Red-winged Flying Anteater of the West
- Last Updated: September 28, 2016
“Wicka-wicka-wicka, Flicker!” This bird is often heard before it's seen. When observed, you're more likely to flush this bird up from the ground or see it perched horizontally high on a tree limb. The Northern Flicker (NOFL) is a member of the woodpecker family with some very different feather patterns and behaviors from most of its pecking cousins.
There are distinct East and West races of Northern Flickers. Our West race, known as the Red-shafted, begins mostly west of the Rocky Mountains up the coast into Alaska and down covering Mexico. They have red underwing and tail feathers. The shafts of their primary flight feathers are also red. Their face is mostly gray with a tan cap. The male has a red mustache or malar stripe. The East race is called Yellow-shafted. Their range is east of the Rocky Mountains, most of Canada and south to Cuba. They are yellow under the tail and wings, with yellow shafts on the primary flight feathers. They have tan faces with a gray cap and a red bar at the nape or back of their necks. The males have a black malar stripe. All Northern Flickers are light brown overall with black speckles, a black breast crescent, black tail feathers above and a white rump often seen in flight. Their long pointed bill is slightly decurved. There is an overlap where East meets West. Both races can be found in parts of Montana, Wyoming, Colorado, New Mexico and Northwest Texas. The races are known to hybridize resulting in a mix of traits, such as a Red-shafted with a black malar stripe.
For a woodpecker, the NOFL is loud. It ranks just under the Pileated Woodpecker for volume. Its repertoire of sounds includes up to six different calls with three most common phonetic texts of flicker, wicka-wicka-wicka, and kleer. A sound producing behavior of the male NOFL is drumming on metal objects to attract a mate or establish territory. The downspouts of home rain gutters, and chimney guards or flashings are favorite choices; much to the annoyance of the homeowner. No wonder a collective group of flickers is called a “guttering.” Males will also duel with their bills on horizontal tree limbs while the female watches nearby. This behavior includes head bobbing, weaving, jousting and spreading of tail feathers.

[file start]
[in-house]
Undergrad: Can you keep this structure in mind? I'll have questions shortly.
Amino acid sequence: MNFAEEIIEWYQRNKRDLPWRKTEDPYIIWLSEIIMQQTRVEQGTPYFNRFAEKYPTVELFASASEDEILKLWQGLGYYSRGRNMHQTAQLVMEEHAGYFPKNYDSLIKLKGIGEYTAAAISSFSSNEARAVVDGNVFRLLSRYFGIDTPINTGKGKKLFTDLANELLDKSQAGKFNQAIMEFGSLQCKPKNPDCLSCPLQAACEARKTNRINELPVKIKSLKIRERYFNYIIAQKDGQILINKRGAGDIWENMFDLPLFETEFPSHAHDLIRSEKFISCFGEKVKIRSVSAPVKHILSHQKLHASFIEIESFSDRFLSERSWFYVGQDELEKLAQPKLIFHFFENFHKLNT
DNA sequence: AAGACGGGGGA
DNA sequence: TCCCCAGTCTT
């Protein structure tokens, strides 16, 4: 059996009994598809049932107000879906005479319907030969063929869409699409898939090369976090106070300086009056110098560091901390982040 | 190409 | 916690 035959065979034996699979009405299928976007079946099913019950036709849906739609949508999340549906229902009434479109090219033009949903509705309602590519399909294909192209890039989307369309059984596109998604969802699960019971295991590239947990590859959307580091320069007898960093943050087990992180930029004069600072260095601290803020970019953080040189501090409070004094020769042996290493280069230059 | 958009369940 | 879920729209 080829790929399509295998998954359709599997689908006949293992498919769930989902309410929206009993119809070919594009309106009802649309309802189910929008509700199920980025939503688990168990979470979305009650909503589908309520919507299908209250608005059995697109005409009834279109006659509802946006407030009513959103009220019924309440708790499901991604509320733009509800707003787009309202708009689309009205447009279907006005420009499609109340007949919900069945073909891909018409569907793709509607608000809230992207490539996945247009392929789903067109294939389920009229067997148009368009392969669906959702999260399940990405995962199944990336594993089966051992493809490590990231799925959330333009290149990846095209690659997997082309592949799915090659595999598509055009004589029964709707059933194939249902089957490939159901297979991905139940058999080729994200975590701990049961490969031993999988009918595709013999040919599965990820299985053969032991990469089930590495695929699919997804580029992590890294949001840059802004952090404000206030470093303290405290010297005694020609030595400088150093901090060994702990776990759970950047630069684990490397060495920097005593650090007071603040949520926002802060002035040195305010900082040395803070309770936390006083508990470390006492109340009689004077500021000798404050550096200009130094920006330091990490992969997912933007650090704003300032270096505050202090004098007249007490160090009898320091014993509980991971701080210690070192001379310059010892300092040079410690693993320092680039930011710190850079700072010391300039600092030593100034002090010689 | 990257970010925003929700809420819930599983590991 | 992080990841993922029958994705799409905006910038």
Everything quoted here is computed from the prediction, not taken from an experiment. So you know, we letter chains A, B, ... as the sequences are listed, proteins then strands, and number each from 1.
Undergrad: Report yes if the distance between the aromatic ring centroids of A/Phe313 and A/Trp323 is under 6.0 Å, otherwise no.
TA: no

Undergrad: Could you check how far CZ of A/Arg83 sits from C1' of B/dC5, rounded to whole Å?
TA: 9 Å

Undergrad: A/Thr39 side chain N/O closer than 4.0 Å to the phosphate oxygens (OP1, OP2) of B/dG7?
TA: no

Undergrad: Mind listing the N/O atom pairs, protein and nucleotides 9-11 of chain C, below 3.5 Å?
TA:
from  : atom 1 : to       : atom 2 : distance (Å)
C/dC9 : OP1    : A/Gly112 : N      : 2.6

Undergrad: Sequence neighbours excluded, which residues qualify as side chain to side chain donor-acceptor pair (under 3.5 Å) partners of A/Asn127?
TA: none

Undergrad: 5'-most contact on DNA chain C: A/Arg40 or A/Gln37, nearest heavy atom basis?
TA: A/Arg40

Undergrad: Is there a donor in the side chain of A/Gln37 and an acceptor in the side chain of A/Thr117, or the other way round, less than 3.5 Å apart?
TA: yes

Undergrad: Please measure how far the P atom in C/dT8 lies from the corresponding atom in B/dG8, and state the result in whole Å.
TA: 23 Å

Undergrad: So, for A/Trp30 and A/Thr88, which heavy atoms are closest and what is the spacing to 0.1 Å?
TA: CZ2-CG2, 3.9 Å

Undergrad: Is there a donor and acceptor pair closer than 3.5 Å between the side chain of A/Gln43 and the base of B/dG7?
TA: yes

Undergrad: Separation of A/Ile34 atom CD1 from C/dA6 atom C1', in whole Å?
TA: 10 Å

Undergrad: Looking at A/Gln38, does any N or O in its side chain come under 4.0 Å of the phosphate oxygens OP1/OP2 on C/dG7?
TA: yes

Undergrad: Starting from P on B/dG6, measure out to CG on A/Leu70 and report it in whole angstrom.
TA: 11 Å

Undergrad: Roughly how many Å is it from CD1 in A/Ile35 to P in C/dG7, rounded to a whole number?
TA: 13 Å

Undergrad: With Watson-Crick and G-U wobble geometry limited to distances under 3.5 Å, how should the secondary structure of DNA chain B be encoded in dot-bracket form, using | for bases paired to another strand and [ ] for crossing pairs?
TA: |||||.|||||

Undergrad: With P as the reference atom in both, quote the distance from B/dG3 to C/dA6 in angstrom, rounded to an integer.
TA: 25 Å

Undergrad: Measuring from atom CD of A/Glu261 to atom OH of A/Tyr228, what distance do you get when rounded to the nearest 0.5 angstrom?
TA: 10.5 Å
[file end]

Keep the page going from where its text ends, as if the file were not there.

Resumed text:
A mating pair will work together on excavating a cavity for nesting. The site is usually selected by the male. The preferred site is a snag. A new cavity takes about 12 days from start to finish. NOFLs are very flexible with types of cavities. They will use poles, posts, banks, buildings and nesting boxes. Sometimes they will nest in old Kingfisher and Swallow bank cavities. This adaptability helps the Northern Flicker keep its population stable. Their nesting sites are often perennial. The cavity is bare except for a lining of wood chips. The female will lay 5 to 8 white eggs. Both sexes will brood. The incubation lasts 11-13 days. Once the nestling are 17 days old, they will cling to the walls of the cavity before they fledge. Occasionally, a second NOFL female will lay a clutch into the cavity of an existing nest. Because both the male and female of the monogamous pair incubate the eggs, large broods can be successful.
Ants make up 45% of their diet. They eat more ants than any other bird. Therefore, Northern Flickers are often seen on the ground probing their bills into the soil. Their barbed tongues can extend up to 2 inches searching for ants. They also eat beetles and other flying insects. They prefer open forest habitats. In winter they switch to berries, seeds and nuts. Occasionally, NOFLs will visit winter bird feeders, including suet feeders. NOFLs in the northern most portion of their range of Alaska and Canada will migrate into the lower 48 states. They are the only migrating woodpecker.
Look for Northern Flickers on the edge of woodlands throughout Skagit County year-round.